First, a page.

The Governor made the best he could of the difficulty he had created by permitting the spirits to be landed and indemnifying the monopolists for this breach of contract by extending its duration for another twelve months. He justified his conduct in originally making the agreement rather quaintly. "When I recommended that measure" (of free importation) he wrote, "I had no idea of the restriction being taken off by the Government at home. I expected instructions from Your Lordship, authorising me to open the Port here when I conceived it best so to do. … Your Lordship will be pleased to recollect that one half of that period" (of the monopoly) "must have nearly expired before I could expect to receive an answer from Your Lordship, besides concluding that it would be left to me, if permission was given, to make use of it as I saw best and most conducive to the welfare of the Colony."[16]

In the despatch of April, 1810, he had strongly recommended the establishment of a distillery. By this means a market would be provided for the surplus grain of the Colony. Otherwise there was not sufficient encouragement for the farmers. When seasons were good and the crops heavy there was no means of selling the surplus corn, the area of cultivation for the next year was reduced and the food-supply in lean years seriously threatened.[17]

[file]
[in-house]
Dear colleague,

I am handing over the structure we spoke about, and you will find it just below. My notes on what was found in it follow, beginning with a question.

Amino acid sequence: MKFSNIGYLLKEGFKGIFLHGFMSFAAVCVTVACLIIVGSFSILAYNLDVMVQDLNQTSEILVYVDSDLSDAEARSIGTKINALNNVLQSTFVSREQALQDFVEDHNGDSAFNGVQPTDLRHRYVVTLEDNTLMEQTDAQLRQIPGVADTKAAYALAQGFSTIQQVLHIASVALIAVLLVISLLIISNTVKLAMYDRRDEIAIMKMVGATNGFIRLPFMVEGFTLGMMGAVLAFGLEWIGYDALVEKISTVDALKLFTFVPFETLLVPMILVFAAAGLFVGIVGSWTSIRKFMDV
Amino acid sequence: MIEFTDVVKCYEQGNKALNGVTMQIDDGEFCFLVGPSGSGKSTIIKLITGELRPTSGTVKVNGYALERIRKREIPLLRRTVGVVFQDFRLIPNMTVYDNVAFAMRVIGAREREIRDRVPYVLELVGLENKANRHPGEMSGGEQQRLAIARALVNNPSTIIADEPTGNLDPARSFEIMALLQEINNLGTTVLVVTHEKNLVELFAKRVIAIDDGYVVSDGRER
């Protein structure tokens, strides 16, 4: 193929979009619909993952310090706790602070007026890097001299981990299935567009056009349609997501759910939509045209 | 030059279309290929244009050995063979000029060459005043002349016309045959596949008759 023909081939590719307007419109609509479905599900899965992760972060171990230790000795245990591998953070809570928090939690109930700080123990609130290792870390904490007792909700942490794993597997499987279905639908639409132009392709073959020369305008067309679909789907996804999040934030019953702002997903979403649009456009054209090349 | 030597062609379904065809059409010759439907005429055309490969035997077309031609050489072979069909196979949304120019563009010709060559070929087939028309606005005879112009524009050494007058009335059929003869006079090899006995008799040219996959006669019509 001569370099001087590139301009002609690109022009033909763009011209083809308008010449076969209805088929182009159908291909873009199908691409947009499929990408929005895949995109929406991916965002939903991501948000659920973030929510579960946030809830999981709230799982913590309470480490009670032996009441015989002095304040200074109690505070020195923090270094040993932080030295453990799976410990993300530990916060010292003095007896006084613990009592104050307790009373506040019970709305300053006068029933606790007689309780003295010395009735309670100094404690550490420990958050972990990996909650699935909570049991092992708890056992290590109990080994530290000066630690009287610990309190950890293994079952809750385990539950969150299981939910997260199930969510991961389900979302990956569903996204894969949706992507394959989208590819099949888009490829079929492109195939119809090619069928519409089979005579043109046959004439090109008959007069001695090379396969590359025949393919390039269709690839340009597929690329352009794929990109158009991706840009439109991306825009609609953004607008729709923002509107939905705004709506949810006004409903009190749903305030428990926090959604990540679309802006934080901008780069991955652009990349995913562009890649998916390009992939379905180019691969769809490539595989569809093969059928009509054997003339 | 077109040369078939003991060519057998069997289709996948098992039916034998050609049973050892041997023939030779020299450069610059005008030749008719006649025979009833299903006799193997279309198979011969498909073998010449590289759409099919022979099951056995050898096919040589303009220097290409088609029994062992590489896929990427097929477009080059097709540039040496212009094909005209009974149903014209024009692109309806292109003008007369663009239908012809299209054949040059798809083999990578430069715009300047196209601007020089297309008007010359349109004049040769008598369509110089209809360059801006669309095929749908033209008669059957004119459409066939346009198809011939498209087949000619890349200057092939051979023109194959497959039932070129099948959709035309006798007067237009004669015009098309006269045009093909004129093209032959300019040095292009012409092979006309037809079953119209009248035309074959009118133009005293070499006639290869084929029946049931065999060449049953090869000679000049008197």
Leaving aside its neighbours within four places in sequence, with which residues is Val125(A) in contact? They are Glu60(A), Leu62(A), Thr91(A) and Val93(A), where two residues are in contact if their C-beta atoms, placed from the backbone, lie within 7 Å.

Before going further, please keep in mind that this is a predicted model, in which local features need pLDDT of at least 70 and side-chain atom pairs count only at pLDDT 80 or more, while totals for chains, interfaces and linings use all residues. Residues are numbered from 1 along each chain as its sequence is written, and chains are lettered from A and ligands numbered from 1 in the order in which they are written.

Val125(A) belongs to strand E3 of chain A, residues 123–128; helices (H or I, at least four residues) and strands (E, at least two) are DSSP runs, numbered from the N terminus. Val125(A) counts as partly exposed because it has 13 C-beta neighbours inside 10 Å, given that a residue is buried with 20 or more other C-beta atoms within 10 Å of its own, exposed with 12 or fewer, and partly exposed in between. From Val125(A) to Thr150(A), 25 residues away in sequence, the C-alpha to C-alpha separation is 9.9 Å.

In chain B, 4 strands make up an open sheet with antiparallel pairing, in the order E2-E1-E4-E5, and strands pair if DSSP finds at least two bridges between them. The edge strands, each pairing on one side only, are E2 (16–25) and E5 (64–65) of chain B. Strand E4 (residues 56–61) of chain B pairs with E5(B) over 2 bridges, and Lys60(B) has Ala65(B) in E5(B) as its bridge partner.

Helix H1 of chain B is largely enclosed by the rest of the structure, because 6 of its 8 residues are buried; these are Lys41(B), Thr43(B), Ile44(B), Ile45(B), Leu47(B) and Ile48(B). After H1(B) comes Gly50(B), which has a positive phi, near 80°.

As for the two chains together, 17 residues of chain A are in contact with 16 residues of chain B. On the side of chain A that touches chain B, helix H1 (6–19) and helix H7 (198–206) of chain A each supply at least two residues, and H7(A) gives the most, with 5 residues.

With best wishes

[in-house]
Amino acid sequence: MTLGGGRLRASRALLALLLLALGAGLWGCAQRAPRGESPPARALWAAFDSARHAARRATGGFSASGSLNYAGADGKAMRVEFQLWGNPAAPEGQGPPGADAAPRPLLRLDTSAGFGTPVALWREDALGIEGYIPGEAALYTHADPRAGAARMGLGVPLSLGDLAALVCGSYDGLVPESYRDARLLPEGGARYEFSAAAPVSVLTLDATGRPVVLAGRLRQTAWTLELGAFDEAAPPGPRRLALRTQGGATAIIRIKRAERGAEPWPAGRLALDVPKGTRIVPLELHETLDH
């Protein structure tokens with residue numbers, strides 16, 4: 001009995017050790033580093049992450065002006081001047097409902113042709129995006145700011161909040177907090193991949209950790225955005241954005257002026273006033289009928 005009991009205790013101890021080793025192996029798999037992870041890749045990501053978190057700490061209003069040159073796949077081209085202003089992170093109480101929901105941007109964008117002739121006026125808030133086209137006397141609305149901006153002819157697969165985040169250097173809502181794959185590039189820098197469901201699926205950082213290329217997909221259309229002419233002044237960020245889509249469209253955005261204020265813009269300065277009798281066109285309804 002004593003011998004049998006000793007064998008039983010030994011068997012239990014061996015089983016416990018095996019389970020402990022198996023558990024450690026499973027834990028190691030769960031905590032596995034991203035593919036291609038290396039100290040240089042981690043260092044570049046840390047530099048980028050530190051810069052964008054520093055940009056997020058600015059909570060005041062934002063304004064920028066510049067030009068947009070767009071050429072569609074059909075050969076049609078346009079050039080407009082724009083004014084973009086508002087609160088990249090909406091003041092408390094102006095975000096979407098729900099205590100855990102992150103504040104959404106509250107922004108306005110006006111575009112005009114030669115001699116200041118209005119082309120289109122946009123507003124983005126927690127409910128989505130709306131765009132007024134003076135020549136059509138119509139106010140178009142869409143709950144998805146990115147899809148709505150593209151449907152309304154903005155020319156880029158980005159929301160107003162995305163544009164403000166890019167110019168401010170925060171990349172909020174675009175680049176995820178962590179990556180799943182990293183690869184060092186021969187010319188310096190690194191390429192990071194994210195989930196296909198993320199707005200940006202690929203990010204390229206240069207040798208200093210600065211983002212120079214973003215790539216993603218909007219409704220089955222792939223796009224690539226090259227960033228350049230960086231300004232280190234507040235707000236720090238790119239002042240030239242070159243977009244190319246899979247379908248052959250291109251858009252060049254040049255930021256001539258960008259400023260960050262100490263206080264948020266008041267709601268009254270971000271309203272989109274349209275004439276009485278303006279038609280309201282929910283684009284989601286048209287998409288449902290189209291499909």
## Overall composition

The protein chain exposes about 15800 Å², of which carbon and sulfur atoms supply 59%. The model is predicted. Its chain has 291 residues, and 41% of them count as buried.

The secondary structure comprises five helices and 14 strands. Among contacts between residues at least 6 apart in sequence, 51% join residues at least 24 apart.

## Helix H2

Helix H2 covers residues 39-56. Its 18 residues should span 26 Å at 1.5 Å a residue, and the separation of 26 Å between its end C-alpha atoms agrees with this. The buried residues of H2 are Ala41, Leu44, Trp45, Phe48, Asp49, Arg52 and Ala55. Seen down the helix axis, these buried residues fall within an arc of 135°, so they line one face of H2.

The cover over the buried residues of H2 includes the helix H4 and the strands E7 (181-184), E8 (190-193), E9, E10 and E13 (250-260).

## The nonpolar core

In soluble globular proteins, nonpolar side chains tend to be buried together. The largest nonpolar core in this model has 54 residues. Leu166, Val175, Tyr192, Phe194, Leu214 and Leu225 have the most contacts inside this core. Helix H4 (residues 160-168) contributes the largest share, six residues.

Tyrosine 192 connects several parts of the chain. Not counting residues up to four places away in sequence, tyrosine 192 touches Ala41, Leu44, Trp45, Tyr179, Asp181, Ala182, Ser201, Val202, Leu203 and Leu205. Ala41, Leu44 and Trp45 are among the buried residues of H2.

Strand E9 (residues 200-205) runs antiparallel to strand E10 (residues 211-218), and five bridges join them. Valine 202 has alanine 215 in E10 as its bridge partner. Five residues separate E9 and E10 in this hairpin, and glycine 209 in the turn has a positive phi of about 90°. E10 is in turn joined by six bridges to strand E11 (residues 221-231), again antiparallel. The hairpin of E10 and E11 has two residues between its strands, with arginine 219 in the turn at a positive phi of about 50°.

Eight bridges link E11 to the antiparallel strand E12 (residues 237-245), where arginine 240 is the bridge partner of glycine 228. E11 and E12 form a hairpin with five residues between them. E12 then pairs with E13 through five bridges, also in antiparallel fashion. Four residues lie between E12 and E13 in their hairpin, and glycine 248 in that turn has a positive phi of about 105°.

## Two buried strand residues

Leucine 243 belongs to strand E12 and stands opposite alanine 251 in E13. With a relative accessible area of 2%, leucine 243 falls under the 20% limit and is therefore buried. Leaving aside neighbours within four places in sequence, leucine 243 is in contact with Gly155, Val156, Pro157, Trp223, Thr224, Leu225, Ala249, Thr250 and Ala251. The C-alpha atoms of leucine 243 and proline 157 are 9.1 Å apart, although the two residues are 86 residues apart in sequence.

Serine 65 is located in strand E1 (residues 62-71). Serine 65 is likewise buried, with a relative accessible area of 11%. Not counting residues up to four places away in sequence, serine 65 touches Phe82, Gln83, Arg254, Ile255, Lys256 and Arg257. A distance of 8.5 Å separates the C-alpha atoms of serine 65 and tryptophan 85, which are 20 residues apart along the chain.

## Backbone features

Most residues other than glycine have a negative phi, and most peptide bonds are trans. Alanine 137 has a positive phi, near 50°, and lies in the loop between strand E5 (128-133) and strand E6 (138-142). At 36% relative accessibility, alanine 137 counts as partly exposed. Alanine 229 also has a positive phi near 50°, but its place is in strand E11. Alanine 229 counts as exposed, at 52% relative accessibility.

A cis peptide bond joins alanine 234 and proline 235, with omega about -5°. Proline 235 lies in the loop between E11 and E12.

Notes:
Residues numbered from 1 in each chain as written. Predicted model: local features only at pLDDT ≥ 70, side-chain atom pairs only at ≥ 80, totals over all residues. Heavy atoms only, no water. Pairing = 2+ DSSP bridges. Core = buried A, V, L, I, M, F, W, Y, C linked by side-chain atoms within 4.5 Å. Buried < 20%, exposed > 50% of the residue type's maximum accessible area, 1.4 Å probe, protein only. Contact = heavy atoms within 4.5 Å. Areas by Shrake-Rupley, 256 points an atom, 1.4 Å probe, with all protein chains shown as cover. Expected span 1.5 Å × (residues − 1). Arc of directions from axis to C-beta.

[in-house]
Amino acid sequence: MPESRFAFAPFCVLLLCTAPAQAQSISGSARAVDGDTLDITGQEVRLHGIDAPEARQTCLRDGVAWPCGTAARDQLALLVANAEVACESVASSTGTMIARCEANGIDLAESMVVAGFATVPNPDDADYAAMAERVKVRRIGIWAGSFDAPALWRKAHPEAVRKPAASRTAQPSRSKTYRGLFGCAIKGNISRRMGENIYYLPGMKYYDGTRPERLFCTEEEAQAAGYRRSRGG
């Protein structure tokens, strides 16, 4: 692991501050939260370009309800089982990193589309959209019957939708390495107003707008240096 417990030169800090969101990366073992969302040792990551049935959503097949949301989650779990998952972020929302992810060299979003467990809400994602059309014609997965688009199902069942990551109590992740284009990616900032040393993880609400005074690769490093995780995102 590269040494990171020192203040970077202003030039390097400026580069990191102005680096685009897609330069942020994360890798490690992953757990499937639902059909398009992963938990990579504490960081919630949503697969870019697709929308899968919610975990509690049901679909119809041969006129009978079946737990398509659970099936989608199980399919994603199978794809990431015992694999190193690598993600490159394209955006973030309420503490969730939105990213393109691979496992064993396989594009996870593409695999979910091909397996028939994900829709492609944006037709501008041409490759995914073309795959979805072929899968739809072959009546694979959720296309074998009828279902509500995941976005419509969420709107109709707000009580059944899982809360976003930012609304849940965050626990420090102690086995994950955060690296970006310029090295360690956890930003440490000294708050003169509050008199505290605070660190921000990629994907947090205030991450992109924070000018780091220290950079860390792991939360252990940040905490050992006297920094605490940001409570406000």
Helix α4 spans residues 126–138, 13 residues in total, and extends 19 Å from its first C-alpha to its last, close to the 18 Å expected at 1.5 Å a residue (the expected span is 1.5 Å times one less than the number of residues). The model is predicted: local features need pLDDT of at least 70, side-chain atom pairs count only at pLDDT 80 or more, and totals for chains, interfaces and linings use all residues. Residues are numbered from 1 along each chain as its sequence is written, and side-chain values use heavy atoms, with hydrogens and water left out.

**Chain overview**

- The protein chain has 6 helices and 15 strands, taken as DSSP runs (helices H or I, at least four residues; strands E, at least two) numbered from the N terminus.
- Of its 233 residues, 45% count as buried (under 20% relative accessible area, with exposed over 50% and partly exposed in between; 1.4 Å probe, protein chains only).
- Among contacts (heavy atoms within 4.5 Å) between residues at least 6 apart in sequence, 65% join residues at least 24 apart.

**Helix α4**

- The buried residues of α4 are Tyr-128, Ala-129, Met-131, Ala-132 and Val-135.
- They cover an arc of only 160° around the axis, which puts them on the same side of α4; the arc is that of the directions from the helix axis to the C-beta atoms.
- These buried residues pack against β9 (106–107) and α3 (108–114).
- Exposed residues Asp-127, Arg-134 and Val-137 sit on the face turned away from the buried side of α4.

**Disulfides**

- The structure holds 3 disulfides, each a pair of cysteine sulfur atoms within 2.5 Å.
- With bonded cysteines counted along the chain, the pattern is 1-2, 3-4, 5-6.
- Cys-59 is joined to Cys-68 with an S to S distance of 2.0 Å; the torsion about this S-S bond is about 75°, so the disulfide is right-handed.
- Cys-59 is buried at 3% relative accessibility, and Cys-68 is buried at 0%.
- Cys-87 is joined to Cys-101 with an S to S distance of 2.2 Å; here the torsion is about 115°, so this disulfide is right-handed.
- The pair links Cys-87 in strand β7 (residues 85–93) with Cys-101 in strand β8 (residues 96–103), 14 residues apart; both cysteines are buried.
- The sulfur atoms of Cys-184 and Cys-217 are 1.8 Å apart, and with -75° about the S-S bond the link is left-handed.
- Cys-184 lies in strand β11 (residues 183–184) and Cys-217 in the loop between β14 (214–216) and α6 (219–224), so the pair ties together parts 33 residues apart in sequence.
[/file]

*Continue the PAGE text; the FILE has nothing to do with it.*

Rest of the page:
The Committee on Transportation in 1812 adopted this proposal. But they regarded it as an alternative to free importation, and stated in their Report "that they are of the opinion that an unlimited supply of spirits may be furnished to the Colony in a manner much more conducive to its interests than by a free importation". They regretted "that the hospital contract prevented the immediate establishment of a distillery."

Lord Bathurst refused to adopt the suggestion and stated his views at large to Macquarie.[18] "By a reference to Mr. Campbell's evidence,"[19] he wrote, "it will appear, and indeed you must be aware from your own experience, that the Colony does not produce more than sufficient for its own consumption, and consequently that whatsoever proportion of the corn crop were now applied to distillation must be withdrawn from the subsistence of the inhabitants.[20] … Whether the quality of the spirit made in the Colony will be superior to that now imported from Bengal or America is a point on which I possess no very adequate means of deciding.[21] I confess myself in some degree at a loss to comprehend the effect which the proposed measure is intended to produce upon illicit distillation; unless it is understood that the distillation of spirits should henceforth be generally permitted without any restriction or limitation whatsoever; for if duties are to be imposed they will be met by the same desire for evading them; and if they are altogether withdrawn there is too much reason to apprehend the consequences which may result from the reduced price of an article, the injurious effect of which upon the morals and health of the inhabitants is only equalled by the avidity with which it is required." He concluded by asking the Governor to express an opinion on the subject, a somewhat farcical request, since it was upon the Governor's opinion that the Committee had founded their proposal which he was thus invited to criticise.